Tour de France Stage 5 Preview: A Day for the Time Trial Specialists
Stage 5 – Changé to Laval Espace Mayenne – 27.2km – Wednesday, June 30
Stage 5 brings the first of two individual time trials in this year’s Tour de France and the longest first-week ITT since 2012 when Team Sky’s Bradley Wiggins won Stage 9 ahead of the Tour’s first Rest Day (and after the first mountain stage).
The 27km stage begins in the north-western commune of Changé and heads further north toward Saint-Germain-le-Fouilloux. Once they turn east, the riders should benefit from a slight tailwind through the first time check in Saint-Jean-sur-Mayenne. The course is more exposed here, making this a stage for the Tour’s time trial specialists, powerful riders able to push a big gear on rolling roads. After the second time check in Bonchamp-lès-Laval, the stage makes a sharp turn west, where a headwind should face the riders as they approach the finish in Laval. Riders who don’t pace themselves well could blow up here, losing time on their way back to Laval.
The stage isn’t very long, but given the rolling course, climbers could lose 2 to 3 minutes, making this a potential GC showdown that will determine how riders and teams tackle the Alps at the end of the week. Had they not crashed in the Tour’s opening stages, it would have been a perfect stage for Primož Roglič (Jumbo-Visma) and Geraint Thomas (INEOS Grenadiers), but the injuries they’ve sustained could limit their ability to take full advantage of an opportunity to distance themselves from the other contenders.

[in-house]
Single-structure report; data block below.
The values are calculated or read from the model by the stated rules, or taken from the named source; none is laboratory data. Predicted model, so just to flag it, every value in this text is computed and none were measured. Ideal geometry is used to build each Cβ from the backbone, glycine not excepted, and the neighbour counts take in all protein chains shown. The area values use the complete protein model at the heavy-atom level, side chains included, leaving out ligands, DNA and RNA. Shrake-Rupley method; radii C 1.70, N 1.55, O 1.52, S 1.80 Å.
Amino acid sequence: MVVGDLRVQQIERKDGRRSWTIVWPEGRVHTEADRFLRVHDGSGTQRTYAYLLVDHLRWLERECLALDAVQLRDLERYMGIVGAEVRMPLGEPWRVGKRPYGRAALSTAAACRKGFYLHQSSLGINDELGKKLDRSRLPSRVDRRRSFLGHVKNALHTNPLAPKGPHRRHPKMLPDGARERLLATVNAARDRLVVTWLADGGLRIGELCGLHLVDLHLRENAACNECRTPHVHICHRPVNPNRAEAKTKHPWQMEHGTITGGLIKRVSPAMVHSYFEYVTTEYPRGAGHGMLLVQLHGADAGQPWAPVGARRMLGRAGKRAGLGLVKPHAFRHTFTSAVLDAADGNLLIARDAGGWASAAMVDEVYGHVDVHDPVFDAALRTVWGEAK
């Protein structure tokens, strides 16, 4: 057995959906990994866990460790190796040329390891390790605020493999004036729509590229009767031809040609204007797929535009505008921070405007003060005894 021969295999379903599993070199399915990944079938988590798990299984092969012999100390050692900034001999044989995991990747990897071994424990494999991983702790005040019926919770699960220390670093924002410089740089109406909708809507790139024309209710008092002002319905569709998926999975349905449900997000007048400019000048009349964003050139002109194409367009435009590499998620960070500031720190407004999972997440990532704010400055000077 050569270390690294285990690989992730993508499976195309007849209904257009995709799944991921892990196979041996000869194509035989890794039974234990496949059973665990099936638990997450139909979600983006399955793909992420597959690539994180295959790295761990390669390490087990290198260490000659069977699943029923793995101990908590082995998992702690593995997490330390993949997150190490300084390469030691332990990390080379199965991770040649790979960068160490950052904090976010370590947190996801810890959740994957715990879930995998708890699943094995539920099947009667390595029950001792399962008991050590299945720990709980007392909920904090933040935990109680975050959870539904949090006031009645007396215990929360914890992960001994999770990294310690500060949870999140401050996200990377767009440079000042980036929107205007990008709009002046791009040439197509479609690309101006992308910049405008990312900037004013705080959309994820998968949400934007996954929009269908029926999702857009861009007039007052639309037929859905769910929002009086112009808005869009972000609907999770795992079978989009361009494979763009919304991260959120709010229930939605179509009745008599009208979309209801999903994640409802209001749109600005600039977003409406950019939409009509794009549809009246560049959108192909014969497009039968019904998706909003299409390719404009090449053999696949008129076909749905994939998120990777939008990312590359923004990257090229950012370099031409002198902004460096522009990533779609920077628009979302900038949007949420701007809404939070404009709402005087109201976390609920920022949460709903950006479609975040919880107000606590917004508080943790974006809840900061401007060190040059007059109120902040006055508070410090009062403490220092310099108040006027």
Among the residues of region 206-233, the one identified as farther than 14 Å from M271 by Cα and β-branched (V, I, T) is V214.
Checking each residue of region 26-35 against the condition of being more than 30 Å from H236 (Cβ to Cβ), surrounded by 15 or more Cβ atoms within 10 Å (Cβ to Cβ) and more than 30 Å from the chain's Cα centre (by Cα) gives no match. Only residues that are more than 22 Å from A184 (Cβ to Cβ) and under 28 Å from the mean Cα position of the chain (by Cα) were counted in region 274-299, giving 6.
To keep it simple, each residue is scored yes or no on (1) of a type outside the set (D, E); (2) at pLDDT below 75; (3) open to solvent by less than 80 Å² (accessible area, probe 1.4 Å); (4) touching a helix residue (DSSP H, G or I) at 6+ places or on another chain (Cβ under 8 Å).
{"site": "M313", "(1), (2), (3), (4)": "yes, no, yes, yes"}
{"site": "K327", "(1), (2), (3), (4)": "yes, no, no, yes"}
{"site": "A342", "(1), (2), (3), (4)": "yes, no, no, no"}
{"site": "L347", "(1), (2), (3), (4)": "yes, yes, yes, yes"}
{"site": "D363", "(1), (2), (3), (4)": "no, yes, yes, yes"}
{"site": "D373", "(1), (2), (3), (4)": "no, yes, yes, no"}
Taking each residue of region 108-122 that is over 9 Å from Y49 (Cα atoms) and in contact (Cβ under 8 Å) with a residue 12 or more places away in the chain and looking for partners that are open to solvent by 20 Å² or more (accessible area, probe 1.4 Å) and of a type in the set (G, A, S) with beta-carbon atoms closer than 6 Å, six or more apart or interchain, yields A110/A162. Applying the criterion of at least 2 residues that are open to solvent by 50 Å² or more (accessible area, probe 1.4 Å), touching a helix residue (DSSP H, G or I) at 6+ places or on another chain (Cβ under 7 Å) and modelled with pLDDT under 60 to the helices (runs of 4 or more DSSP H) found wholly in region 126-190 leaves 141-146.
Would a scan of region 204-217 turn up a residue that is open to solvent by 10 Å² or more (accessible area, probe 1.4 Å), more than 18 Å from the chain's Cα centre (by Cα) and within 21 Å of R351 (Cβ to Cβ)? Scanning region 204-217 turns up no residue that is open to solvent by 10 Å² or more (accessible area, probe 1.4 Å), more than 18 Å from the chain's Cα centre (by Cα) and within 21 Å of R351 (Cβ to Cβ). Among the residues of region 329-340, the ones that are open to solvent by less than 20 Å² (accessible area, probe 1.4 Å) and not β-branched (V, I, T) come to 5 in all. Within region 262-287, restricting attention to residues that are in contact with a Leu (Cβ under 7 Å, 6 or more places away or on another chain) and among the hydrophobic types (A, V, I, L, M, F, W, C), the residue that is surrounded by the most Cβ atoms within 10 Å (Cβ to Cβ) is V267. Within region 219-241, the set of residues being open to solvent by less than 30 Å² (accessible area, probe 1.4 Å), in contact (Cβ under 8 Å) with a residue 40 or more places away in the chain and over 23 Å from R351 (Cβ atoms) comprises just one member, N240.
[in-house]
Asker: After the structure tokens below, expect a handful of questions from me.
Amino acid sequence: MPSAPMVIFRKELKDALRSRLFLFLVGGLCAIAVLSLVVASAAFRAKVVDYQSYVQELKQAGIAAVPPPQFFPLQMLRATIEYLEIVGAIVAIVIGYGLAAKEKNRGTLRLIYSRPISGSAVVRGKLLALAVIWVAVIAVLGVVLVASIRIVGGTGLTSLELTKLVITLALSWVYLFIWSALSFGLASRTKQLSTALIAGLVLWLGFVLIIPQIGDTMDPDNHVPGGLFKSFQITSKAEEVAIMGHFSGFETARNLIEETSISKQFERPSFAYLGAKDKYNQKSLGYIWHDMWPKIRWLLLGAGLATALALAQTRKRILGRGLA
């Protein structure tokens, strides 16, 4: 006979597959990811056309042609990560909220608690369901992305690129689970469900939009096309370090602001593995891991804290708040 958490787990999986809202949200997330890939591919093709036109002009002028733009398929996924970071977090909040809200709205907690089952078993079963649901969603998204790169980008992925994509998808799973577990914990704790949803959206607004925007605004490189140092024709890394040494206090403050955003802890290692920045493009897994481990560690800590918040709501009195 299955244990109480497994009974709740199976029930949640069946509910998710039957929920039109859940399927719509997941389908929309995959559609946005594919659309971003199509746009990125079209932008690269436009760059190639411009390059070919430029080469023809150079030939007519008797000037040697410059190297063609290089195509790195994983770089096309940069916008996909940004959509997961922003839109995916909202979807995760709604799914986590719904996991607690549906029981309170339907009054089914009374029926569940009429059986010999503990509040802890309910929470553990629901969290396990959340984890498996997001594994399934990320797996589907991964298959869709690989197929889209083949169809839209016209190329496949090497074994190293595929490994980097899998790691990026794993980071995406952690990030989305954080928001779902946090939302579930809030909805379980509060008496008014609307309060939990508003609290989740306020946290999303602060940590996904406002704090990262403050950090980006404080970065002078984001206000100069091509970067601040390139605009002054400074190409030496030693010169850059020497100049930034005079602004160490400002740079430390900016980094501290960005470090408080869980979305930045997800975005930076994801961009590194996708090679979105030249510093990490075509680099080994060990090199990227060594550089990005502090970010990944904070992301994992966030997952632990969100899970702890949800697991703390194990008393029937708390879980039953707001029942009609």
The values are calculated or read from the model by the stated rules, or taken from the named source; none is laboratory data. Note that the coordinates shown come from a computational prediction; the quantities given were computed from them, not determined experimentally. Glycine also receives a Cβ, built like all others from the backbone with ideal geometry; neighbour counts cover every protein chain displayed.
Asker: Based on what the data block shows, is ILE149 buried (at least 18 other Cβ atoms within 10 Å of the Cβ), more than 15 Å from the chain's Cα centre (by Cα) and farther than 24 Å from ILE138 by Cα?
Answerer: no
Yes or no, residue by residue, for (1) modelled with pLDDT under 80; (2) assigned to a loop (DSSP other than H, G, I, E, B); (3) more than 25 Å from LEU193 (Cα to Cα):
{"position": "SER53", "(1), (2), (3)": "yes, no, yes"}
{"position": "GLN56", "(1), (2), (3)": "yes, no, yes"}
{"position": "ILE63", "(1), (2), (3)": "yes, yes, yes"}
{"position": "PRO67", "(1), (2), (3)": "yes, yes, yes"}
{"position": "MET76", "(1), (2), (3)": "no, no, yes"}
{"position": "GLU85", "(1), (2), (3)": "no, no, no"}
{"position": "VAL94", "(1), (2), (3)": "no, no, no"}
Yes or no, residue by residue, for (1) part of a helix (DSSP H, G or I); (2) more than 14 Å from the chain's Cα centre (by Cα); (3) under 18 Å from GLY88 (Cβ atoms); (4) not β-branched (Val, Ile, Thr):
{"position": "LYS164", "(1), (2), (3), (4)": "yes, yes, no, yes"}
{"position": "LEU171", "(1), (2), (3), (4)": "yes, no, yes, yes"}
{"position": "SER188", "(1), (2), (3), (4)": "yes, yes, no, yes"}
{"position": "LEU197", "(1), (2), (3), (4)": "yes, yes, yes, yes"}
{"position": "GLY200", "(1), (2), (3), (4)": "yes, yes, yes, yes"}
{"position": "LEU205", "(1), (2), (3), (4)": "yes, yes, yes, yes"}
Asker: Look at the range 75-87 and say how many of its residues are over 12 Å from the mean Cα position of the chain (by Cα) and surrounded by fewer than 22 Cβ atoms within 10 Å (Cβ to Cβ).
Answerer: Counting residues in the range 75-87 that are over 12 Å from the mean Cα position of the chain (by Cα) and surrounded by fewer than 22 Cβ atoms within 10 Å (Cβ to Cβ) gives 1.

As far as the yellow jersey is concerned, we’ve never really seen Mathieu van der Poel target a time trial. Perhaps the yellow jersey will inspire him, but with proven time trialists Julian Alaphilippe (Deceuninck-Quick Step) and Wout van Aert (Jumbo-Visma) only 8 and 31 seconds behind him, respectively, he might have his hands full.
Riders to Watch
Van Aert is a top contender. As one of the sport’s best time trialists, the Belgian is perfectly suited for a course like this and has the added incentive of perhaps pulling on the yellow jersey at the end of the day. Other contenders include Switzerland’s Stefan Küng (Groupama-FDJ) and Stefan Bissegger (EF Education-Nippo), both accomplished time trialists who have likely been targeting this stage since the start of the Tour. We’re also keeping our eyes on young American Brendan McNulty (UAE Team Emirates), a former ITT world champion at the under-23 level who’s been targeting this stage as well.
When To Watch
The rider in yellow, van der Poel is the last rider to start the stage, and the majority of the favourites leave within half an hour of him, if you want to watch the battle for Yellow, it will all take place towards the end of the stage.